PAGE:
>constrained.
    >
    >I stated looking around and have found such a thing as an "N+1 and
    >ORing Power Rail Controller". For example, the TI TPS2413:
    >http://focus.ti.com/lit/ds/symlink/tps2413.pdf
    >
    >This part won't work due to the 16.5V max bus voltage limitation, but
    >otherwise, it looks like it handles... everything.
    >
    >Does this sort of part sound like the right solution for me? Does
    >anybody know of a similar part that can handle my bus voltage?
    >
    >Thanks!
    >
    >-Michael

    The Linear LTC1473 works up to 30V, but is a dual, the ltc1479 is
    triplle, but is a larger package

    HTH


    martin
    Martin Griffith, Jul 16, 2008
    #2
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  3. Michael

    Michael Guest

    On Jul 16, 11:31 am, Martin Griffith <> wrote:
    > On Wed, 16 Jul 2008 08:18:27 -0700 (PDT), in sci.electronics.design
    >
    >
    >
    >
    >
    > Michael <> wrote:
    > >Hi there - I need to combine together 3 lithium polymer battery packs.
    > >Each battery pack is a 4 cell (in series) pack, so the voltage of each
    > >pack could be as high as say around 18V, and I can't let it fall below
    > >12V otherwise damage to the pack could occur. Once the battery pack is
    > >shut off I need drain on the pack to be brought to a minimum - I'd
    > >like it to be well under a milli-amp.

    >
    > >Further, Each battery will be connecting to a separate (but identical)
    > >PCB. the PCBs will have 3 connections going between all of them - a
    > >power ground (the battery ground), ORed power high, and a low current
    > >switch connection (to turn off all batteries, regardless of voltage
    > >level).

    >
    > >I need to do the switching on the high side of the batteries,
    > >unfortunately. I need to protect the batteries from charging each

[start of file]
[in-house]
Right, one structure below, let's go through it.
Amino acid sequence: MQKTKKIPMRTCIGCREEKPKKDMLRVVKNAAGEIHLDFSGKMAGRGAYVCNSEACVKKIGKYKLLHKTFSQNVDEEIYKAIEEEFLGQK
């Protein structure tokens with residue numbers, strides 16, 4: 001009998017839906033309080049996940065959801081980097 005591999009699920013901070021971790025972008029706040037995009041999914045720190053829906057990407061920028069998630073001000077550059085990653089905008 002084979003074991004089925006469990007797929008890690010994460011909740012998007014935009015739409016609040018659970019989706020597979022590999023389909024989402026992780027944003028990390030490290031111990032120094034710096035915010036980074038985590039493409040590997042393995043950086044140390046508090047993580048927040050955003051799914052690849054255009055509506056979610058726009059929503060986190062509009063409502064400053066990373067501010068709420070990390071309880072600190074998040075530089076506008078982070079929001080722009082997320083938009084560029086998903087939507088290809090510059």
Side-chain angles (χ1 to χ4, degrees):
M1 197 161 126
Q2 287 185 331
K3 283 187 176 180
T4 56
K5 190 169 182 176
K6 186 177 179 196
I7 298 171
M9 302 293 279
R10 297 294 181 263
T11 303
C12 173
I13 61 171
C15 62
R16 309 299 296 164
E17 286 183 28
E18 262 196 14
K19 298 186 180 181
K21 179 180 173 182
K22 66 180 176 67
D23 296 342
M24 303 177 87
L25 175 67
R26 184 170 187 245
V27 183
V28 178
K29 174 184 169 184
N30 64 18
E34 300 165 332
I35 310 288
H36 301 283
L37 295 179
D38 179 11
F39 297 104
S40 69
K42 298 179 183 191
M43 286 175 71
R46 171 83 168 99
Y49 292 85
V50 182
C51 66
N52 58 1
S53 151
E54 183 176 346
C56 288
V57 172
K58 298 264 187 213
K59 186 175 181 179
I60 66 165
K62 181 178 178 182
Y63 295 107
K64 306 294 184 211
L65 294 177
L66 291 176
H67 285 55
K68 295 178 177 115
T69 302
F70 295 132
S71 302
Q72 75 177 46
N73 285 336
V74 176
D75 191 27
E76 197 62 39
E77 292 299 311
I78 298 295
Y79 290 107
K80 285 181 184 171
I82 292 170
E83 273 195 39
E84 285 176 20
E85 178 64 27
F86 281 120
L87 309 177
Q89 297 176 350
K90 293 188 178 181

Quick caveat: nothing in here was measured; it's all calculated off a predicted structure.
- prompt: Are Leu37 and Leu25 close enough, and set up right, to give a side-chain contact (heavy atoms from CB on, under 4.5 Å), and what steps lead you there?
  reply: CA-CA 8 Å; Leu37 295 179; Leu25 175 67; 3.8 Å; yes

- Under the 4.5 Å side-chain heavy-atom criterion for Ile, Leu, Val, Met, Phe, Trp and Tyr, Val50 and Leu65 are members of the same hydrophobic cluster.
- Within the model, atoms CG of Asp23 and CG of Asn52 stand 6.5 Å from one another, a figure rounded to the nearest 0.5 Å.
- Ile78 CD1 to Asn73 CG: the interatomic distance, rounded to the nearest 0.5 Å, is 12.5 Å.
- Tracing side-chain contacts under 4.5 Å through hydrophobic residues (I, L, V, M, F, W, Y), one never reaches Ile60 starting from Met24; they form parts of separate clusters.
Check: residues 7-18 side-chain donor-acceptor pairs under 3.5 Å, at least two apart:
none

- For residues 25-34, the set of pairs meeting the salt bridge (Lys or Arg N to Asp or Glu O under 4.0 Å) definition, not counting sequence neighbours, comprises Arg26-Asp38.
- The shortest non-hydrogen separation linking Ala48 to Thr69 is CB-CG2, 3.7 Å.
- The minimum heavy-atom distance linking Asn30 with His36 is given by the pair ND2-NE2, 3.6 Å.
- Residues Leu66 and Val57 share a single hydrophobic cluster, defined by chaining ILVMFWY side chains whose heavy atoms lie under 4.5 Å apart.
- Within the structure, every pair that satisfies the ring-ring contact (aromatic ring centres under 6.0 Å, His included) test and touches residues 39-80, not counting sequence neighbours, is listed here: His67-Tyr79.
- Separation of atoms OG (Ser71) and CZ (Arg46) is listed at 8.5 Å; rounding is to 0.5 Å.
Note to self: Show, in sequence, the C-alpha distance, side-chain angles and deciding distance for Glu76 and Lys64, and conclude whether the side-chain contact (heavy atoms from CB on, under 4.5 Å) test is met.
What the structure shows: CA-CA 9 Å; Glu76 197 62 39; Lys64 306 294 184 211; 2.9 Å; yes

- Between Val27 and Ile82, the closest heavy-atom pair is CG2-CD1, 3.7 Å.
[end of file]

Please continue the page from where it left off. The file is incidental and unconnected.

> >other as that would (clearly) be less than good. So my first
    > >inclination is to have the positive side of my batter packs connected
    > >to the anode of a schottky, with the schottky's cathode connected to
    > >the source of a N-FET, and the drain connected to the ORed power
    > >supply. An unvervoltage protection circuit would be ORed with the
    > >switch line, and with some sort of charge pump that would drive the
    > >FET.

    >
    > >This would work. This is also a lot of parts - and I'm very space
    > >constrained.

    >
    > >I stated looking around and have found such a thing as an "N+1 and
    > >ORing Power Rail Controller". For example, the TI TPS2413:
    > >http://focus.ti.com/lit/ds/symlink/tps2413.pdf

    >
    > >This part won't work due to the 16.5V max bus voltage limitation, but
    > >otherwise, it looks like it handles... everything.

    >
    > >Does this sort of part sound like the right solution for me? Does
    > >anybody know of a similar part that can handle my bus voltage?

    >
    > >Thanks!

    >
    > >-Michael

    >
    > The Linear LTC1473 works up to 30V, but is a dual, the ltc1479 is
    > triplle, but is a larger package
    >
    > HTH
    >
    > martin


    Hi Martin - I'm looking for a single controller - since I need one
    controller per board. Looking at some parts in the same family as
    those two Linear parts I stumbled across the LT4351 (http://
    www.linear.com/pc/downloadDocument.do?navId=H0,C1,C1003,C1142,C1079,P2173,D2942).
    It looks pretty good - though it doesn't have an enable. It looks like
    I could use the overvoltage pin as an enable however, as I'm not
    worried about an overvoltage condition occuring.

    -Michael
    Michael, Jul 16, 2008
    #3